In a recent essay in The New York Times, former undersecretary of state Nicholas Burns writes about one of the central challenges of the Obama administration’s foreign policy: balancing diplomatic engagement with deterrence. His essay centers on Iran, but this challenge can be seen across many fronts. Take Syria, where former Obama advisor Dennis Ross says the United States hesitated to do more than offer pronouncements—creating a destabilizing power vacuum throughout the Middle East. Or look at China, which the Financial Times reports is ramping up activity in the contested waters of the South China Sea, despite US resistance.
By no means is this balancing act easy. Often, it takes strong and committed allies—which, for the United States, seem hard to come by these days. Old allies such as Saudi Arabia appear to be adding gasoline to a sectarian conflict that has engulfed the Middle East. Europe, meanwhile, is consumed with a migrant crisis, slow economic growth, and rising nationalism, all of which put a strain on transatlantic cooperation. Nevertheless, finding this balance between diplomacy and deterrence will be essential to grappling with America’s most difficult foreign policy challenges today and in the future.
With that, here are some of this week’s recommended reads:
The Chicago Council on Global Affairs is an independent, nonpartisan organization that provides insight – and influences the public discourse – on critical global issues. We convene leading global voices and conduct independent research to bring clarity and offer solutions to challenges and opportunities across the globe. The Council is committed to engaging the public and raising global awareness of issues that transcend borders and transform how people, business, and governments engage the world.
The Chicago Council on Global Affairs is an independent, nonpartisan organization. All statements of fact and expressions of opinion in blog posts are the sole responsibility of the individual author(s) and do not necessarily reflect the views of the Council.
Princeton University’s Kim Scheppele joins Deep Dish to explain why the failure of one democracy should matter to every democracy and examine whether Hungary could have ripple effects on other political systems in Europe and beyond.
Former Bank of London governor Lord Mervyn King draws from lessons he learned during the 2008 financial crisis to discuss how to manage the current economic uncertainty.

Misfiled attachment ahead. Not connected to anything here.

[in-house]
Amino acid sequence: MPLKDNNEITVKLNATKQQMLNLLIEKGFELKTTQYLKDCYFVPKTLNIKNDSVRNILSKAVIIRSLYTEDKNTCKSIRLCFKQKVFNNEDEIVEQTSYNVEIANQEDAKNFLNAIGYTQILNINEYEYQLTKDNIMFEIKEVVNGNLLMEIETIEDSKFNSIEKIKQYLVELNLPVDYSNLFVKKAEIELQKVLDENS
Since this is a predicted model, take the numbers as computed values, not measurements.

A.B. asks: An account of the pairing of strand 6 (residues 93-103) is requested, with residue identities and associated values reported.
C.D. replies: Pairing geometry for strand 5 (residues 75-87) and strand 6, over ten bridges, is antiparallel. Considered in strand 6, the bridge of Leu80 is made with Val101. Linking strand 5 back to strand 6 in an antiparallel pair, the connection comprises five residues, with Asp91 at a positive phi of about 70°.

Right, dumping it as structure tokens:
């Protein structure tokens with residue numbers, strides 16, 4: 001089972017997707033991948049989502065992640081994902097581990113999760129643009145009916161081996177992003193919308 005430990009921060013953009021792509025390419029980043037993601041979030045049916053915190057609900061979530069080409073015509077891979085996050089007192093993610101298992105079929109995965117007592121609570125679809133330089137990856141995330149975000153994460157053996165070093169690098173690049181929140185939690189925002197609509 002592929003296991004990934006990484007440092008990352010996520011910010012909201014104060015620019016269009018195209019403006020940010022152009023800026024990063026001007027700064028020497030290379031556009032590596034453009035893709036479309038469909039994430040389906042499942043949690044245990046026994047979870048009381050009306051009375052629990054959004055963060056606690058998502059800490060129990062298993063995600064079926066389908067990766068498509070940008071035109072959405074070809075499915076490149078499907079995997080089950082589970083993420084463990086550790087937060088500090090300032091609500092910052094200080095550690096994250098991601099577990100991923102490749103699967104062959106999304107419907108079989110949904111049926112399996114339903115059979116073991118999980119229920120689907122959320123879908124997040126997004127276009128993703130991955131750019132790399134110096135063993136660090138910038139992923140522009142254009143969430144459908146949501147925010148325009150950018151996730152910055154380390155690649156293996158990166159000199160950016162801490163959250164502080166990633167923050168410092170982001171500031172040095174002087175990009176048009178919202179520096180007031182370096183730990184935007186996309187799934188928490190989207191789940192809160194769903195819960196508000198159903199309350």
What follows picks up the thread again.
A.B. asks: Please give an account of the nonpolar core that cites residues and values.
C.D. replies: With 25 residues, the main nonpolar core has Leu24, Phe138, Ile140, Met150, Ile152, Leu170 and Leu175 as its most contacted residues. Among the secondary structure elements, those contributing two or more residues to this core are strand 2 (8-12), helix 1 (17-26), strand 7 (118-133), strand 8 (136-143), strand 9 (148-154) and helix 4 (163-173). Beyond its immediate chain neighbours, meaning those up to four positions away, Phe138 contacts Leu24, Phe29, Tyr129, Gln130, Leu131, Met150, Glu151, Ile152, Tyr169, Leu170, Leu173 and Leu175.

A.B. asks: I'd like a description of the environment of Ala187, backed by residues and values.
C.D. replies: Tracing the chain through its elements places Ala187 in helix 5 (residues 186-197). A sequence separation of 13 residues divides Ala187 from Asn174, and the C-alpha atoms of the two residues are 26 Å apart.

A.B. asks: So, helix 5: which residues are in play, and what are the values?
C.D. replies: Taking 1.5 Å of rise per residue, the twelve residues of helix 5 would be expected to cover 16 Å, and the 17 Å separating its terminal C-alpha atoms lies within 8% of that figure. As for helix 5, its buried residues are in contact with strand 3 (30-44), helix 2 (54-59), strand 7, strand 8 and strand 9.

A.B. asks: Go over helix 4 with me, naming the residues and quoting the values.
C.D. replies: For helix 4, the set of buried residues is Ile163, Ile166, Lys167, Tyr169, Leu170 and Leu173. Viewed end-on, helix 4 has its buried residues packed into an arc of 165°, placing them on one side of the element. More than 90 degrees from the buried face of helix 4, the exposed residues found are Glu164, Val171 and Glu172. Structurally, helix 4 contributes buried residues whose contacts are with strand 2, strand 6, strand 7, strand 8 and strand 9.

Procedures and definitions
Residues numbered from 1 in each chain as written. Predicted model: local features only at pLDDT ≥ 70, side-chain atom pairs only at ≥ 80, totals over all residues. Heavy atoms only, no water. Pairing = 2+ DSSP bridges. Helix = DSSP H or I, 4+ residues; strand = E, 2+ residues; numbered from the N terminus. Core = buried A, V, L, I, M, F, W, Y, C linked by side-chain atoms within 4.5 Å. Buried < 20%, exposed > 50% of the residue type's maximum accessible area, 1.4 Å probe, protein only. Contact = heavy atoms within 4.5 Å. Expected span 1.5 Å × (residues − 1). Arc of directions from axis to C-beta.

A look ahead to winter and spring 2020 nonfiction books that might shed some light on the world after COVID-19.
The Wall Street Journal’s Dasl Yoon, reporting from Seoul, joins us to explain what other countries can learn from South Korea’s innovative approaches to successfully flatten the curve of new infections – without shutting down the economy.
POLITICO’s Ryan Heath joins Deep Dish to explain the lessons the United States can learn from countries that are further ahead in the COVID-19 infection timeline.
With borders now closed and countries like Italy in an increasingly restrictive nation-wide lockdown under the threat of the novel coronavirus, Europe is facing a crisis likely unparalleled since the end of World War II. This compounds an already disruptive year, following the exit of the United Kingdom from the European Union, and increasingly calls into question the continued relevance of the political and economic bloc.
As COVID-19 spreads around the world, non-resident senior fellow on global cities Robert Muggah shares his insights into the spread and impact of pandemics, why they are becoming more common, and how cities can help minimize threats now and into the future.
The Midwest is caught in the painful shift from one economy to another, and its divided fortunes show this. It is a split between winners and losers, between well-educated city dwellers and the left behind, angry denizens of the old economy. All this has big impacts that are economic and social – and political.
While the political importance of the American Midwest in 2020 is clear, the region of 70 million people is all too often written off as an economic has-been and a cultural backwater. The truth is a different, more complicated story.
Yemen's years-long war pits Iran-backed Houthis against a coalition of Saudi-led forces seeking to restore Yemen's internationally recognized government, and the United States is involved as well.
Journalist and activist Mona Eltahawy takes a minute to examine feminism, ambition, the state of women’s rights in the Middle East, and the role models who inspire her work.
Deputy Assistant Secretary for Levant Affairs and Special Envoy for Syria Joel Rayburn joins Deep Dish to explain the Trump administration’s plan in war-torn Syria.
Arye Carmon, founding president of the Israel Democracy Institute and author of "Building Democracy on Sand: Israel without a Constitution," takes a minute to explain why Israel is holding elections for the third time in a year and predict whether the fourth round of elections is possible.
It is too early to conclude that the epidemic will shake the Communist Party’s grip. Once the “people’s war” has defeated the epidemic, the authoritarian regime may turn out to have become even more powerful. But this crisis has made a few things clear. It illustrates how cities are increasingly important actors in addressing pressing global challenges. It also exemplifies how central-local government relations can shape a country’s response to major epidemic outbreaks.
After a decade and a half as German chancellor, Angela Merkel has said she will step down in 2021. In the latest #AskIvo, Council President Ivo Daalder looks at three big issues rising to the surface in German politics on the eve of her departure.